The topic of the book is the so called “Focus particles” and their interaction with the word order regularities in Georgian, as the most prominent representative of the south caucasian or Kartvelian language family of the official language of the republic of Georgia and which is also known in the general linguistics as a language with mostly “free” word order.
The monograph “Focus particles and word order in Georgian Language “ represents one of the first corpus linguistic investigations of the Georgian language to this extent and is based on the material of extensive databases amongst other is the Georgian National Language Corpus (around 130 million tokens).
The study of the information structure in the human languages is one of the most important and actual tasks of modern linguistics. In the Georgian language the elements that are mostly known as ”modal particles”, for which the monograph proved its unique function as focus particles, are generally poorly investigated especially with regard to their functional distribution.
As a special property of this investigation, is the attempt to transfer the problematic focussing to the pragmatic functional level of the language and to use in addition to the purely syntactic criteria, the semantic-pragmatic criteria in the study.
The following points are to be highlighted: - The morphemic reported elements which are found in the literature under different names such as particles, or selective particles are first defined in this study as “focus particles” and they are given a semantic-functional importance. In comparison to deterministic functions in the scientific literature which are based on different criteria and to what is carefully named “highlighting functions” of these elements, the relevant function of the information structure will be detected in this study, and this unique functionality will be justified. - In this study , the study of the highlighting function (focus) on the whole range of the semantic modifications, which are derived from the focus particles i.e. focus-scopus will be extended. It is to note through tests, that the focus particles highlight total phrases which are not freely convertible. The contrasting of the syntactic order tests enables the determination of the grammatical and communicative acceptance, and the pragmatic sensitivity of the focus particles in their use. - The concurrent use of the focus particles that belong to a focus-group is excluded. - The focus-group-bond and the order restriction of the particles is stronger in the position before the verb than in the position after the verb. - By using order rules of the individual focus-groups in this work, a clear, unified model of the order constraints in relation to the predictive verb is presented, which also determines the focus sensitive verb finalities a base word order in the Georgian language. The different responses of the focused elements (words/scopi) in order tests before and after the verbs establishes an informational and structural division of the sentence structure in the Georgian language , with the dominant position- focus being immediately before the verb.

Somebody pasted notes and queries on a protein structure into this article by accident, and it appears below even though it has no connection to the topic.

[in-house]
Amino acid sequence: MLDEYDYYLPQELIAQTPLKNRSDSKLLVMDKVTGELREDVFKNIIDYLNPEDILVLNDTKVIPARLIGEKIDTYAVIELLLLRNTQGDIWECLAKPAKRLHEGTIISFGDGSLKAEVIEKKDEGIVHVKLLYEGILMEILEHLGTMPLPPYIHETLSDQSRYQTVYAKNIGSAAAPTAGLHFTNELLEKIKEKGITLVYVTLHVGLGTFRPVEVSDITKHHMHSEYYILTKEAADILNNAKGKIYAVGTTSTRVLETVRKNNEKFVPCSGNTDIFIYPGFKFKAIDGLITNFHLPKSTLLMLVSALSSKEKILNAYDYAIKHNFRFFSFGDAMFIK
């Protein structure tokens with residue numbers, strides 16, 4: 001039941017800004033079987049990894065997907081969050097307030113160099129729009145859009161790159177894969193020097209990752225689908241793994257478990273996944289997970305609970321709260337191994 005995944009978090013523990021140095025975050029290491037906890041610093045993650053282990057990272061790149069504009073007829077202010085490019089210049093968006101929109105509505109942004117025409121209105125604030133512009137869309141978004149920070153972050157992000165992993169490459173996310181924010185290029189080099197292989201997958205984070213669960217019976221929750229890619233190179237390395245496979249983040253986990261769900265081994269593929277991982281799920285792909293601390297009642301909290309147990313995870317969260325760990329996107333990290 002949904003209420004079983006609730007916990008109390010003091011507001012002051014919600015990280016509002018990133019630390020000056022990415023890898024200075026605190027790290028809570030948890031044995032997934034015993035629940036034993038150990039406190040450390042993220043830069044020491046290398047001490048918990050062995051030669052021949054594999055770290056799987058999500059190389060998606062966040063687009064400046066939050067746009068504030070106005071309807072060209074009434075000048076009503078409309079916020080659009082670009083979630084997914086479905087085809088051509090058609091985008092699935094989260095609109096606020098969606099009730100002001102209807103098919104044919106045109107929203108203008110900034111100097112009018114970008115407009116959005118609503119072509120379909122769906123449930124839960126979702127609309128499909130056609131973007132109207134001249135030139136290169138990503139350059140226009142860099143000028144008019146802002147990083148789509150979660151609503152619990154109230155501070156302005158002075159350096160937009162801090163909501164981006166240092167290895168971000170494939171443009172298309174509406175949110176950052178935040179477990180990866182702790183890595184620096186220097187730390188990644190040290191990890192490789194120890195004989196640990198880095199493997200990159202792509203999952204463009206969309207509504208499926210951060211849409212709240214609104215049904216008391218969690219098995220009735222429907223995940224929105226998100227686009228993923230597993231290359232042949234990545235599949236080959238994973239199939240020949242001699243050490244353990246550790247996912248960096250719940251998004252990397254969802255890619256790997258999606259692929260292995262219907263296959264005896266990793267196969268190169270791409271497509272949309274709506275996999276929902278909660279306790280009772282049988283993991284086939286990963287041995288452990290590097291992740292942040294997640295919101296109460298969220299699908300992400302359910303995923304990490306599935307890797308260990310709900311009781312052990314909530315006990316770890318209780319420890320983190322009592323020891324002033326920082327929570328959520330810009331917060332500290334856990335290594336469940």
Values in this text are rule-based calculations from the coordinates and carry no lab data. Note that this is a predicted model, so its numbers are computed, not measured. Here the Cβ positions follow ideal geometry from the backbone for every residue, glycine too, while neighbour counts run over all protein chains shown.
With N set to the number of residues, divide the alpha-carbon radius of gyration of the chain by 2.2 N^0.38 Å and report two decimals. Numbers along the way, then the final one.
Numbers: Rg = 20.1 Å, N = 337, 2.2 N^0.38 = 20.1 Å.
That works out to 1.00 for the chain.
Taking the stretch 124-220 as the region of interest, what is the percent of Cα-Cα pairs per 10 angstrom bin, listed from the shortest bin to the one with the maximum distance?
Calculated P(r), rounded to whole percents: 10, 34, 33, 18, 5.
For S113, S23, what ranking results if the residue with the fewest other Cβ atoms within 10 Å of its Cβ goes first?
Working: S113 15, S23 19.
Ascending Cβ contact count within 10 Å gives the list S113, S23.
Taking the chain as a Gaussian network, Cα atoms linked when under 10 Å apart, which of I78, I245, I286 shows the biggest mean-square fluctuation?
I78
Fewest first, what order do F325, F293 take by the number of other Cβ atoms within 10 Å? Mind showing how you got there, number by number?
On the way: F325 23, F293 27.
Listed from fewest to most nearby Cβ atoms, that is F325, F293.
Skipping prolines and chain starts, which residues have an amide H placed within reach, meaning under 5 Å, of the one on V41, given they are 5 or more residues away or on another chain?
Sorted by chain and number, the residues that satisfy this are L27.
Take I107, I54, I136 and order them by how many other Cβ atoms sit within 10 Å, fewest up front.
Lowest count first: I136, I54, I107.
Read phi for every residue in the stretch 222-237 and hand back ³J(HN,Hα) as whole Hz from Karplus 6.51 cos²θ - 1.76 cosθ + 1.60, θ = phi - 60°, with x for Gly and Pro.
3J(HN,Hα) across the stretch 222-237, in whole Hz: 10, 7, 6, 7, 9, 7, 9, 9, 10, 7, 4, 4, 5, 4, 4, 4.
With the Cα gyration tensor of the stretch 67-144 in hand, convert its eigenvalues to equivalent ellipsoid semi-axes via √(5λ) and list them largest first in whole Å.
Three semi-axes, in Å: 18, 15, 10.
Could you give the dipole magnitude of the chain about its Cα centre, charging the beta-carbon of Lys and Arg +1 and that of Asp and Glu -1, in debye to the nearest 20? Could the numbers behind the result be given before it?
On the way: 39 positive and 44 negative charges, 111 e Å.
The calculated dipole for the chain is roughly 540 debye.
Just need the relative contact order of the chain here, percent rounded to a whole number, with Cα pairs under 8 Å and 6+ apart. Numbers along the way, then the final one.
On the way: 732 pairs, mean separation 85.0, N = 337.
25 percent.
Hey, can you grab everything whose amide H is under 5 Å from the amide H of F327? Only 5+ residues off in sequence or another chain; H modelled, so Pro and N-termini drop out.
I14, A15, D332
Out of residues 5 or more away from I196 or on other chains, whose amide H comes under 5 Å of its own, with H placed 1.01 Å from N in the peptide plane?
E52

Dr. Zakharia Pourtskhvanidze 6. October 1972 in Kutaisi, Georgia
Education: Philosophical Doctoral Committee, Goethe University Frankfurt (M), Germany. June 19, 2011. (magna cum laude) Goethe University Frankfurt am Main, Frankfurt (M), Germany PhD program at Institute of Empirical Linguistics, October 2007 - June 2011 Leibniz Universität Hannover, Hannover, Germany. Magister Artium, October 1999 - April 2005 Tsereteli State University, Kutaisi, Georgia, Teaching diploma, September 1989 - Mai 1995
Additional Qualifications: Interdisziplinäre Kolleg Hochschuldidaktik, Frankfurt (M), Germany Certificate for university-level didactics, November 2010 - Mai 2012 StudiumDigitale, Central-eLearning-Institution of the Goethe-University. eLearning Certificate April 2010 Massachusetts Institute of Technology, Boston, USA. Semester abroad, June 2005 - August 2005
Corrent Positions and work experience: Goethe University Frankfurt am Main, Frankfurt (M), Germany Lecturer (UK) (Assistant Professor (US)). Since 2009 Course coordinator Empirical Linguistics (Bachelor, Master). Since 2009 eLearning commissioner. Since 2010 Leibniz University Hannover, Hannover, Germany Research Assistant. 2003-2005 | Tutor. 2001-2003 Tsereteli State University, Kutaisi, Georgia Research Assistant 1991-1994 Awards: 2013 - 1822-Universitätspreis für exzellente Lehre (1822-University Award for Excellent Teaching)